It showed that the public is generally willing to use technology that is well-established and familiar to them such as video consultations (66%), and e-signatures (68%). There is less willingness to use unfamiliar forms of technology, like smart contracts (45%) and AI-driven tools like chatbots (39%).
Solicitors’ pattern of responses to the different technologies mirrored consumers’ views, although there is a greater willingness to use video consultations (83%) and e-signatures (75%) and an even stronger reluctance to use smart contracts (36%) and chatbots (26%).
Both the public and legal professionals see wider social benefits in legal technology. Most legal professionals feel strongly that technology can improve legal services for clients, even if they themselves are less confident in it. They believe that technology brings greater efficiency and productivity and makes legal services more accessible to a wider audience.
Concerns raised by both groups about legal technology include vulnerability to criminal activity (cyber-attacks, hacking, fraud), exclusion of those who might not be able to easily access or use legal technology, and lack of human touch. There are also concerns about the quality of the advice and decisions, and accountability and redress if things go wrong.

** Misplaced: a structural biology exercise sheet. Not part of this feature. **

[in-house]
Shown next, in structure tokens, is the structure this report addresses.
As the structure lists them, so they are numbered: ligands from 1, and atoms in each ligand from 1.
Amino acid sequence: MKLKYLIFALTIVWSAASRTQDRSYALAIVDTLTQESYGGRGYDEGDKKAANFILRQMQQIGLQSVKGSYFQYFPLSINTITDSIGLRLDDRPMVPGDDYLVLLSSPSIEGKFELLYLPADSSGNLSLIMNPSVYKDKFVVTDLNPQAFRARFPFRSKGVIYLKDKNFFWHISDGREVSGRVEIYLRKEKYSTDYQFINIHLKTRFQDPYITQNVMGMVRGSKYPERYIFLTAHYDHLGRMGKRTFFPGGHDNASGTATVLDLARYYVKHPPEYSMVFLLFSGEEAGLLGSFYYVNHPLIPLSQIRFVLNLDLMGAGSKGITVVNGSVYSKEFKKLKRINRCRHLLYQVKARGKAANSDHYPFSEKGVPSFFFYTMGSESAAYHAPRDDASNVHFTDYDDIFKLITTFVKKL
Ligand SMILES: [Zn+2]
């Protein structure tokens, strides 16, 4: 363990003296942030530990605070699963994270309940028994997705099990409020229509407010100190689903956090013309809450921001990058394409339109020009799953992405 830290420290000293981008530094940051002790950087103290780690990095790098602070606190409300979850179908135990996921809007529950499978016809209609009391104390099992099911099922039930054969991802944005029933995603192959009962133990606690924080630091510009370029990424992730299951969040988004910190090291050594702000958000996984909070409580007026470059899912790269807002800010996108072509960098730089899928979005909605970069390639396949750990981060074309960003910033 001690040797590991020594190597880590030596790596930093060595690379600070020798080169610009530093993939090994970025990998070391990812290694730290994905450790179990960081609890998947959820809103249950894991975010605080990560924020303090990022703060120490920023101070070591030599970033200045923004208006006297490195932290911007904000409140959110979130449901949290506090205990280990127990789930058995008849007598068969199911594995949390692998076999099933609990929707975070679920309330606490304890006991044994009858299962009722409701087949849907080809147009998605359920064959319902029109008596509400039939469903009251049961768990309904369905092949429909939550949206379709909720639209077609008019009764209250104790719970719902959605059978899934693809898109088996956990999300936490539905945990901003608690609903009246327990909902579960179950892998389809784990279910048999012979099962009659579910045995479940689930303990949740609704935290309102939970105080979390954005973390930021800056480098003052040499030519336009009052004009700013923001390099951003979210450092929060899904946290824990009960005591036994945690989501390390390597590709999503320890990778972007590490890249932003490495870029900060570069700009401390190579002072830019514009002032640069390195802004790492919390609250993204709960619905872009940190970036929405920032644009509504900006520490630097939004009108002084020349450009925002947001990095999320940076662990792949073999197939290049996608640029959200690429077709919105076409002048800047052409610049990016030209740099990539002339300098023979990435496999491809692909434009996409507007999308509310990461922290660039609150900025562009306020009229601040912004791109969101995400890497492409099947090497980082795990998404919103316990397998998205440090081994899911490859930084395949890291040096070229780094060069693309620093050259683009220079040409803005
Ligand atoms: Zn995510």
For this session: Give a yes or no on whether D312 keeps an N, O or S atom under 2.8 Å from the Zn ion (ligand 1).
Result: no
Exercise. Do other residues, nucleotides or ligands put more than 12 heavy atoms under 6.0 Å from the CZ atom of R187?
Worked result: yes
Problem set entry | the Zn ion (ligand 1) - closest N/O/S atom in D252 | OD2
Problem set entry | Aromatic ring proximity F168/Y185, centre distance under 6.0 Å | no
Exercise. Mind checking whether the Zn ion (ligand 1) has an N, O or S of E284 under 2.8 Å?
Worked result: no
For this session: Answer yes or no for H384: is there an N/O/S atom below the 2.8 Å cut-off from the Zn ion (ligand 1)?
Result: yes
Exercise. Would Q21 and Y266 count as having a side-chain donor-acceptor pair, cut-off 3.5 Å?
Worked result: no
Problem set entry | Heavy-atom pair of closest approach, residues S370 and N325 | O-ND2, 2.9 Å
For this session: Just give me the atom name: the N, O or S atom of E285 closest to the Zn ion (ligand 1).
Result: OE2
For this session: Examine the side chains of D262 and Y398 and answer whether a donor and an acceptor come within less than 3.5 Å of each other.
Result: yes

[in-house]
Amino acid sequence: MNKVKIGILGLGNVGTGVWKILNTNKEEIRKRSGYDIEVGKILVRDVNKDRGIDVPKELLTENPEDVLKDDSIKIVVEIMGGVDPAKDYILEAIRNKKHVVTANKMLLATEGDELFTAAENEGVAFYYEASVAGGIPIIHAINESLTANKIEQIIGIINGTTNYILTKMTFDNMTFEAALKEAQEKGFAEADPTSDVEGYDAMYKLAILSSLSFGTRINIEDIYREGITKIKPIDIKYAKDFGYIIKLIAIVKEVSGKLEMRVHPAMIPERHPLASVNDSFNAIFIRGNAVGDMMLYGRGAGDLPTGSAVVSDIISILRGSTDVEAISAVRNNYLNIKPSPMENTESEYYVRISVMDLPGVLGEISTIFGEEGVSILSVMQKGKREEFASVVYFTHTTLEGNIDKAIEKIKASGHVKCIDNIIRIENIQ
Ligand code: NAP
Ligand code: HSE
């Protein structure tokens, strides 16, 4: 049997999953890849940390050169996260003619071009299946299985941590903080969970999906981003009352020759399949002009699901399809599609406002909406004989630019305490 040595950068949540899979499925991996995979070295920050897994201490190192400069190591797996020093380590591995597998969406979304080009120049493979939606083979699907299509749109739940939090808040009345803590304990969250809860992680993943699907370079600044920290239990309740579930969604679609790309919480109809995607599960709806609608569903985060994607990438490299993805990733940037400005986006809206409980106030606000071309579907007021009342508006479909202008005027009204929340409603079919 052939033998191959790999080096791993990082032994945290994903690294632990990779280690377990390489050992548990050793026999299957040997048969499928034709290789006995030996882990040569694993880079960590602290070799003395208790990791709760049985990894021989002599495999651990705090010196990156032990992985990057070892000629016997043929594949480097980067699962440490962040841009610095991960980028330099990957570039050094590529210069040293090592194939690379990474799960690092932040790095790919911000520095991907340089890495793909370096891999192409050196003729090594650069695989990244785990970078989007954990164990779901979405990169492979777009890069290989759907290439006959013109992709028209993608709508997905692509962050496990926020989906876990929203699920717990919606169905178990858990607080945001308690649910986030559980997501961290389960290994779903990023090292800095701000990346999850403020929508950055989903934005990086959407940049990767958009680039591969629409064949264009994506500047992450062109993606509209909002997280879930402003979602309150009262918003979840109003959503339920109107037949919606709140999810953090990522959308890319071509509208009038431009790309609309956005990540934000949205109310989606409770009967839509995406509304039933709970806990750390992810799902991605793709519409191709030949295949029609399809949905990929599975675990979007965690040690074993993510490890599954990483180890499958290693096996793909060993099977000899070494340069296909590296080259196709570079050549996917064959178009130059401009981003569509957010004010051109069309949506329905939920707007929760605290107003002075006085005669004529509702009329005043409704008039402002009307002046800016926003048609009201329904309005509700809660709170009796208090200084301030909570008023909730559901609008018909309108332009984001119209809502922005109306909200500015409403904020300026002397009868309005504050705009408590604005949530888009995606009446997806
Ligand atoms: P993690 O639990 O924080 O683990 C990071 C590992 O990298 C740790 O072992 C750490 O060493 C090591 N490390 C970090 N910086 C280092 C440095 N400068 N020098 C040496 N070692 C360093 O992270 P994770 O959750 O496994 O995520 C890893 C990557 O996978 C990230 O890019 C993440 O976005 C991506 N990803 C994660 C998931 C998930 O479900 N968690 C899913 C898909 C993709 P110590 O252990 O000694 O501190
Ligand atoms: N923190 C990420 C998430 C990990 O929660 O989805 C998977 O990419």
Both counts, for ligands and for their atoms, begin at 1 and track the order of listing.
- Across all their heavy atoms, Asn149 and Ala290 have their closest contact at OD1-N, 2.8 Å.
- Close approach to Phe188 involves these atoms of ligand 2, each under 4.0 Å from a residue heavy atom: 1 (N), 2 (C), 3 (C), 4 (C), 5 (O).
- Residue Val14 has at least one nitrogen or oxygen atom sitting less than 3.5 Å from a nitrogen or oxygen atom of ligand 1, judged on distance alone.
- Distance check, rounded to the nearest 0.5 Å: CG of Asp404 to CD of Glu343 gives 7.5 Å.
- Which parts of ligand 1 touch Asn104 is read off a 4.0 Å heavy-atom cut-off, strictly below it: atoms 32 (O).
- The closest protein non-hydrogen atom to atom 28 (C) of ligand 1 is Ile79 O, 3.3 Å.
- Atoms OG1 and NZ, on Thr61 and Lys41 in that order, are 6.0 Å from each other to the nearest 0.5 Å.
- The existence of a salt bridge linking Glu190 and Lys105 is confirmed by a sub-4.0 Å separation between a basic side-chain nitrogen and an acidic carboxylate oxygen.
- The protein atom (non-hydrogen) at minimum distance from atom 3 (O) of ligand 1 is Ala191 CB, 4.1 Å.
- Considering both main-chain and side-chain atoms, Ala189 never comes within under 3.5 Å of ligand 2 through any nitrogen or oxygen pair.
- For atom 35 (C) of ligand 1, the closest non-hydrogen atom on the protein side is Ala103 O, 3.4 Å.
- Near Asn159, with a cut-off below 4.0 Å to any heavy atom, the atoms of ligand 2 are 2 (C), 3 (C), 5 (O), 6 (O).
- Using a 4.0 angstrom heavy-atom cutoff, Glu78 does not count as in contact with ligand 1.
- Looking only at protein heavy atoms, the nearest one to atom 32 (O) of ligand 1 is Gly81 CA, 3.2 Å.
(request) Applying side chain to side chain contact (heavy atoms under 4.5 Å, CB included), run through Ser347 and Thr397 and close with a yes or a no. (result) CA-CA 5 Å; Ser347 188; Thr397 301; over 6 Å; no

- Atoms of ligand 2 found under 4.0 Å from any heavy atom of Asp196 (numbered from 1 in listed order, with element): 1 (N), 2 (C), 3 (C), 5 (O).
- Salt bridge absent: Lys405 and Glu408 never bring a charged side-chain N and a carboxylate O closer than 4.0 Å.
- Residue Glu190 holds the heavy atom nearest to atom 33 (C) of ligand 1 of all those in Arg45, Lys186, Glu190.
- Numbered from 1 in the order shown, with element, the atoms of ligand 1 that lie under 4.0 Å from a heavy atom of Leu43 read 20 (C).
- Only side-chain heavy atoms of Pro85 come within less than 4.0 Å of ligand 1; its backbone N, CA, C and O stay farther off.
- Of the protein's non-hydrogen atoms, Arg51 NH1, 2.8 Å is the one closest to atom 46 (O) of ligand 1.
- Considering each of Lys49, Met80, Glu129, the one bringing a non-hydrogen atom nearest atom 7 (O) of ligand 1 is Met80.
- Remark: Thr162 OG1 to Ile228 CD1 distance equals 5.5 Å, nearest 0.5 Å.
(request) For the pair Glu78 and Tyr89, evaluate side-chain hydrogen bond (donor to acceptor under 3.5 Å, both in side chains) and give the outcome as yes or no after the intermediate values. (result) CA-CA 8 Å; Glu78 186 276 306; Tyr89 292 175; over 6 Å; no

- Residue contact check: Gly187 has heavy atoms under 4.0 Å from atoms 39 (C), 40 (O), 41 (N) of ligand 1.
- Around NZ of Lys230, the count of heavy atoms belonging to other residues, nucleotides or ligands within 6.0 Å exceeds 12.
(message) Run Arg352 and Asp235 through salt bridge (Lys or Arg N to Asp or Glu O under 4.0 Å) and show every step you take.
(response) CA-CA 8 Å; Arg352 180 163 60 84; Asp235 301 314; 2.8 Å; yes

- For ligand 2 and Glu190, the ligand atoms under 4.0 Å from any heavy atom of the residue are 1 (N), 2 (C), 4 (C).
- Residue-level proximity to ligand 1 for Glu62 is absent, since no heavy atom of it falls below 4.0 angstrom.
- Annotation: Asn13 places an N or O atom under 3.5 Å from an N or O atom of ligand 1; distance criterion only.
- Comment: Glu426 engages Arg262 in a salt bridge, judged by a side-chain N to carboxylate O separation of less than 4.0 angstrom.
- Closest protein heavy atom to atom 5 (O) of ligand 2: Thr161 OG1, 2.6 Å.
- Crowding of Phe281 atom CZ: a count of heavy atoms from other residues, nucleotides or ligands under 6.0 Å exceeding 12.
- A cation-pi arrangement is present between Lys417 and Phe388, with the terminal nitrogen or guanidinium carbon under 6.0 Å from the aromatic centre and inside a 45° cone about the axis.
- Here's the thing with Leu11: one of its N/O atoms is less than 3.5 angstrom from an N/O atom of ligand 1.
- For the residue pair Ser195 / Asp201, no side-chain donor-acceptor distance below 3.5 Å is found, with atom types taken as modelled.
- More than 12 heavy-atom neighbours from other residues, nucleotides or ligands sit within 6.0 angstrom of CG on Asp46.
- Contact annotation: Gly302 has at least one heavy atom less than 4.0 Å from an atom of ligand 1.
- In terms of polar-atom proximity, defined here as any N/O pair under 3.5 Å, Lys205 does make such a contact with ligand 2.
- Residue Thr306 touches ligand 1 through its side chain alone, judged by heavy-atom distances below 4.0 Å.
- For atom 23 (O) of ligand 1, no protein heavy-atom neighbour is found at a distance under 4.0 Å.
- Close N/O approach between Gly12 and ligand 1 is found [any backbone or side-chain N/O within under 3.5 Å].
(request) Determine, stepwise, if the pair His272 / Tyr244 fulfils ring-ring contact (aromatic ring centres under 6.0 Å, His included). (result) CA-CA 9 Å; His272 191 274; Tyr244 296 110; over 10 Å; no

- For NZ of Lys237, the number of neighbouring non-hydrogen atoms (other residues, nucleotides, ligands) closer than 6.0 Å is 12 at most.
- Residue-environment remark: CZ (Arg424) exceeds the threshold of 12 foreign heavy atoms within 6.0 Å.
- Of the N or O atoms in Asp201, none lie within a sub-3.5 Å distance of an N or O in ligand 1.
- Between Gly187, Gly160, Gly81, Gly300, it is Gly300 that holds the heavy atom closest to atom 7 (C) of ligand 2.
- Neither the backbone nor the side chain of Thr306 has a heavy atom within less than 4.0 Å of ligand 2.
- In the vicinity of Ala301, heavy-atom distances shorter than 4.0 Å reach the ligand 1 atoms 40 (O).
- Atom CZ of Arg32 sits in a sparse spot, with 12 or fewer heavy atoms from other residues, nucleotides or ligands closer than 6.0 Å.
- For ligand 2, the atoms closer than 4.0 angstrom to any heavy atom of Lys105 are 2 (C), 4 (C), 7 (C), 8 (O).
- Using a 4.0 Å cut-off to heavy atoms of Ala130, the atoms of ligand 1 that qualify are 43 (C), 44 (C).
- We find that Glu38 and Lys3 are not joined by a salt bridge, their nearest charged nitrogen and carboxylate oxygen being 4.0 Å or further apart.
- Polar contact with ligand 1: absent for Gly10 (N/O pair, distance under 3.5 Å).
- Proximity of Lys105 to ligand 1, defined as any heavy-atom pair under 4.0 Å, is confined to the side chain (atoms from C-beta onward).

Matthew Hill, Chief Executive of the Legal Services Board, said:
“The research confirms that consumers have a greater appetite to use technology than the legal profession tends to assume. We mustn’t allow misconceptions to hold back progress. Technology has the potential to improve the way legal services are delivered and benefit the public and professionals. It can help to reduce costs, increase efficiency and productivity, and ultimately increase access to justice.
Effective regulation is an essential part of building trust and confidence in technology. Regulators can help do this by making clear how the standards, quality checks and systems of redress that currently apply to in-person legal services also apply to technology-enabled legal services.”
Paul Philip, Chief Executive of the SRA, said:
“People increasingly expect to be able to access services at a touch of a button – a trend accelerated by the pandemic. It has the potential to make life easier, while also making services more affordable. So it is not a surprise these results show there is a strong appetite for getting legal help through technology.
It won’t be the right solution for everyone, particularly those who can’t easily use a smartphone or tap into wifi. We will continue our work to support innovation and technology that could help the public access legal help, while also remaining mindful of managing the risks in this area.”